Enhanced and consolidated government services have formed the major civic selling point of the project from the outset. Saving the post office, giving seniors space for services and community gathering, as well as consolidating town and village functions such as courts, administrative departments and public meeting rooms and adding heretofore unavailable county services constitute an oft-heard mantra resonating from the first discussions after Guillaro purchased the property from Hudson Valley Hospital in 2007. (The hospital retains a long-lease arrangement for the Lahey Pavillion, which houses medical services on the property.)

But to date any plans for such things to happen remain largely rhetorical and theoretical. The village and town governments have, at Guilllaro’s urging, authorized letters of intent regarding leasing space in the proposed municipal building. And County Executive MaryEllen Odell has repeatedly said she would work to deliver several new services to the historically neglected western end of Putnam, including a senior center and a DMV office. But none of the governments have actually authorized funds or even begun to make specific plans.

The town government, although officially still onboard, has already begun to consider the use of the American Legion property behind Town Hall as a new town office facility rather than Butterfield. (See our website for a more thorough examination of the history and status of the town and village commitment actions.)

All three governments, county, town and village, operate with tight budgets constrained by resistance to tax increases and the demands of fixed obligations. The notion that new, undetermined expenses can be borne under the Butterfield concept without an arduous review process just might contain a degree of wishful thinking over fiscal reality. The new head of the Putnam County Legislature, Richard Othmer, has described this year’s budget process as “lean and mean in ’13.”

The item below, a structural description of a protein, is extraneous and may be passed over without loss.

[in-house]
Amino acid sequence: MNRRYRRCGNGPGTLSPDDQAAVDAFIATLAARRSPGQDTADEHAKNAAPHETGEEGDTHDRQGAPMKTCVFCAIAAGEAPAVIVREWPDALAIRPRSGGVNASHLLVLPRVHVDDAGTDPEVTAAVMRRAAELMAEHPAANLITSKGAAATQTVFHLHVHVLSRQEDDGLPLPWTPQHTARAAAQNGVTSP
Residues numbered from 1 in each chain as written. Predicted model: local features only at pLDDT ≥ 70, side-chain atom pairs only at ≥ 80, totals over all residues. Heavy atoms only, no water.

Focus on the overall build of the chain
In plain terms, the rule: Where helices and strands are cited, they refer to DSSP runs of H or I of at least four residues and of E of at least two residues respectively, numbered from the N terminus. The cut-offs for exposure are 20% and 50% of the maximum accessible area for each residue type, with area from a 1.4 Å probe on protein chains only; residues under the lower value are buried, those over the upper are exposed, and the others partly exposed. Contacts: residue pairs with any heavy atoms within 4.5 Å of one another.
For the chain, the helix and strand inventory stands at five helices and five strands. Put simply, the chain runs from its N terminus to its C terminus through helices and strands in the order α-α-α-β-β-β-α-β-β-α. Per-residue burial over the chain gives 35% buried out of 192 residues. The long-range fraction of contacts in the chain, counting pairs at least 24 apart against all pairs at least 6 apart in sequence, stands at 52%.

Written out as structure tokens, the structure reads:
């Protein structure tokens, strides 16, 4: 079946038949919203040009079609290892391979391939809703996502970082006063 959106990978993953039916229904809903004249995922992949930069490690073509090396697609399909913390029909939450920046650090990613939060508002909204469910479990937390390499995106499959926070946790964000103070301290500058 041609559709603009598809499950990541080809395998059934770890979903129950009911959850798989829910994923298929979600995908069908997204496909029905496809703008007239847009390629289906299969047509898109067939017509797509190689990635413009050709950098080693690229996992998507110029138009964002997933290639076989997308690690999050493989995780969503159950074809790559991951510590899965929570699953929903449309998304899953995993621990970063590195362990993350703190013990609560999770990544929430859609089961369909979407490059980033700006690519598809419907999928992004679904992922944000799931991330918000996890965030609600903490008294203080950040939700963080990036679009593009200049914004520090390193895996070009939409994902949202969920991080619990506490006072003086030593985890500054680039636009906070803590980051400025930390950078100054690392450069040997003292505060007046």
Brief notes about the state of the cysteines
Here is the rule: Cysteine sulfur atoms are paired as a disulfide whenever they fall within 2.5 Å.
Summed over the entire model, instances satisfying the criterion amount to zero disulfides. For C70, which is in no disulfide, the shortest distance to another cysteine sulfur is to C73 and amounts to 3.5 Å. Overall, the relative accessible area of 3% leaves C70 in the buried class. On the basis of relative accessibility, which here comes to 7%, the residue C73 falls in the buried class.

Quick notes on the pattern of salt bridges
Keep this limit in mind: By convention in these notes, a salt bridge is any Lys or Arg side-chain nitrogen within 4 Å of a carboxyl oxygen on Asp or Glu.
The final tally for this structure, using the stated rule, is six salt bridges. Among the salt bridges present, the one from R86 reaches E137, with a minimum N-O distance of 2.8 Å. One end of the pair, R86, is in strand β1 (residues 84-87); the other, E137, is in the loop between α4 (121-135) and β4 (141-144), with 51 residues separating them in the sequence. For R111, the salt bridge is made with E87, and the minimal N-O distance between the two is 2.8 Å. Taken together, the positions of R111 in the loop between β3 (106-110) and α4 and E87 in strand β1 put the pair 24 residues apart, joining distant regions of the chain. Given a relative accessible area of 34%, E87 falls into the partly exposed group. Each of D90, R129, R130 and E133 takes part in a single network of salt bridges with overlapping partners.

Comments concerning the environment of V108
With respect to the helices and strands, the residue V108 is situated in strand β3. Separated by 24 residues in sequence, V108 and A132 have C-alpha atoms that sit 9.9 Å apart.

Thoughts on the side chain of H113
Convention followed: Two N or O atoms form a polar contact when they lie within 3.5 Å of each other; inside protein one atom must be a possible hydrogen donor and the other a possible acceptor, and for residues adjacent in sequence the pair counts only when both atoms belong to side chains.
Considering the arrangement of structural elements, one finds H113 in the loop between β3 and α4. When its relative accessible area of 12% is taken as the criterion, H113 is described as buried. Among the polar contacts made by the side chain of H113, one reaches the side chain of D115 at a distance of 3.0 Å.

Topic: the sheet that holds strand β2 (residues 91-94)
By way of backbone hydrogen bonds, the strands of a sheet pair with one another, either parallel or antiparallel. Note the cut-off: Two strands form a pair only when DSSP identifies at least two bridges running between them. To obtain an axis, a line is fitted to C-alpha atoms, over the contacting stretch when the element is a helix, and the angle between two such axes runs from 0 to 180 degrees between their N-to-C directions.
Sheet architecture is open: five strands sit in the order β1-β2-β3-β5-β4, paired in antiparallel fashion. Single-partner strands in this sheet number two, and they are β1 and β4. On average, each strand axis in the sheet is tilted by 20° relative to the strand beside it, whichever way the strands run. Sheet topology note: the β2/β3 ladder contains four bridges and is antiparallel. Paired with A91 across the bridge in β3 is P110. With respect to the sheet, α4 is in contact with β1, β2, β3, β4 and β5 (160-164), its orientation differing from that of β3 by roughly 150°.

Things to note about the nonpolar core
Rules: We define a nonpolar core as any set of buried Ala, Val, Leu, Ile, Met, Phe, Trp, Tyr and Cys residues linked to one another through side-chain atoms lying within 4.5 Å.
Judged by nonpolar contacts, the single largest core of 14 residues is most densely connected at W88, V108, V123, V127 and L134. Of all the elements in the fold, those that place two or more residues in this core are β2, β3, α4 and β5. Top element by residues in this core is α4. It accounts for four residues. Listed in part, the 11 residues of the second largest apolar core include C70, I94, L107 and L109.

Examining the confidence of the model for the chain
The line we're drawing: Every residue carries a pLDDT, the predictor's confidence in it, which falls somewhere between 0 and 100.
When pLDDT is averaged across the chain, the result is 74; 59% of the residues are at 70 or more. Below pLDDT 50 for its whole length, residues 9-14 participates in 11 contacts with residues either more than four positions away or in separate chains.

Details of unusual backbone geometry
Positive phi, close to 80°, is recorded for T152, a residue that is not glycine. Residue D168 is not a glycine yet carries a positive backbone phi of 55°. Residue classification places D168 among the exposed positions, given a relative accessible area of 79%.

Butterfield Hospital, 1925

Butterfield Hospital, 1925

With the zoning change approach, the idea seems to be “build it and they will come.” That certainly was the message County Legislator Barbara Scuccimarra and Gallagher delivered at the last village board meeting on Jan 15. Gallagher insisted a few times (with Scuccimarra’s agreement) that it was critical the village demonstrate to the county it wants the services Odell is promising by approving the zoning change and eventually the project plans. When fellow trustees questioned Scuccimarra on the county’s intentions, Gallagher forcefully objected, declaring that “now is not the time to bring up potential problems with the project.”

For some it is hard to appreciate the mayor’s sense of dire urgency for approval before understanding more clearly what the village (and for that matter the town) is getting by way of enhanced services. Gallagher is expected to leave office in March, having said he is not running for re-election.

To read some media reports, it would be easy to conclude that the proposed Butterfield project is on the fast track toward approval by the Cold Spring Village Board and presumably the various other government agencies that would have to eventually pass judgment. The Putnam County News and Recorder headlines scream, “It’s a Go,” and a recent article in The Journal News had Odell, Scuccimarra, Guillaro and Gallagher all singing in harmony as to the likelihood of imminent success.

Perhaps that is the case. The Village Board is apparently the lead agency in the matter, allowing the developer to bypass the Planning Board in pursuit of the zoning change. So they could conceivably bring the matter to a vote shortly after the public hearing.


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8 thoughts on “Butterfield Zoning Change a Fateful Step

  1. Great article. People should look at the conceptual site plan that’s attached to the zoning amendment. It’s notable for what’s missing, i.e. no municipal/government building, no senior center, and no post office — the key features used to gain public support for the project. Do we want courts, police department, senior services, municipal offices, etc. renting space above Starbucks or Subway? We know the post office needs a loading dock for the mail truck and space for the delivery vans and that’s not shown either.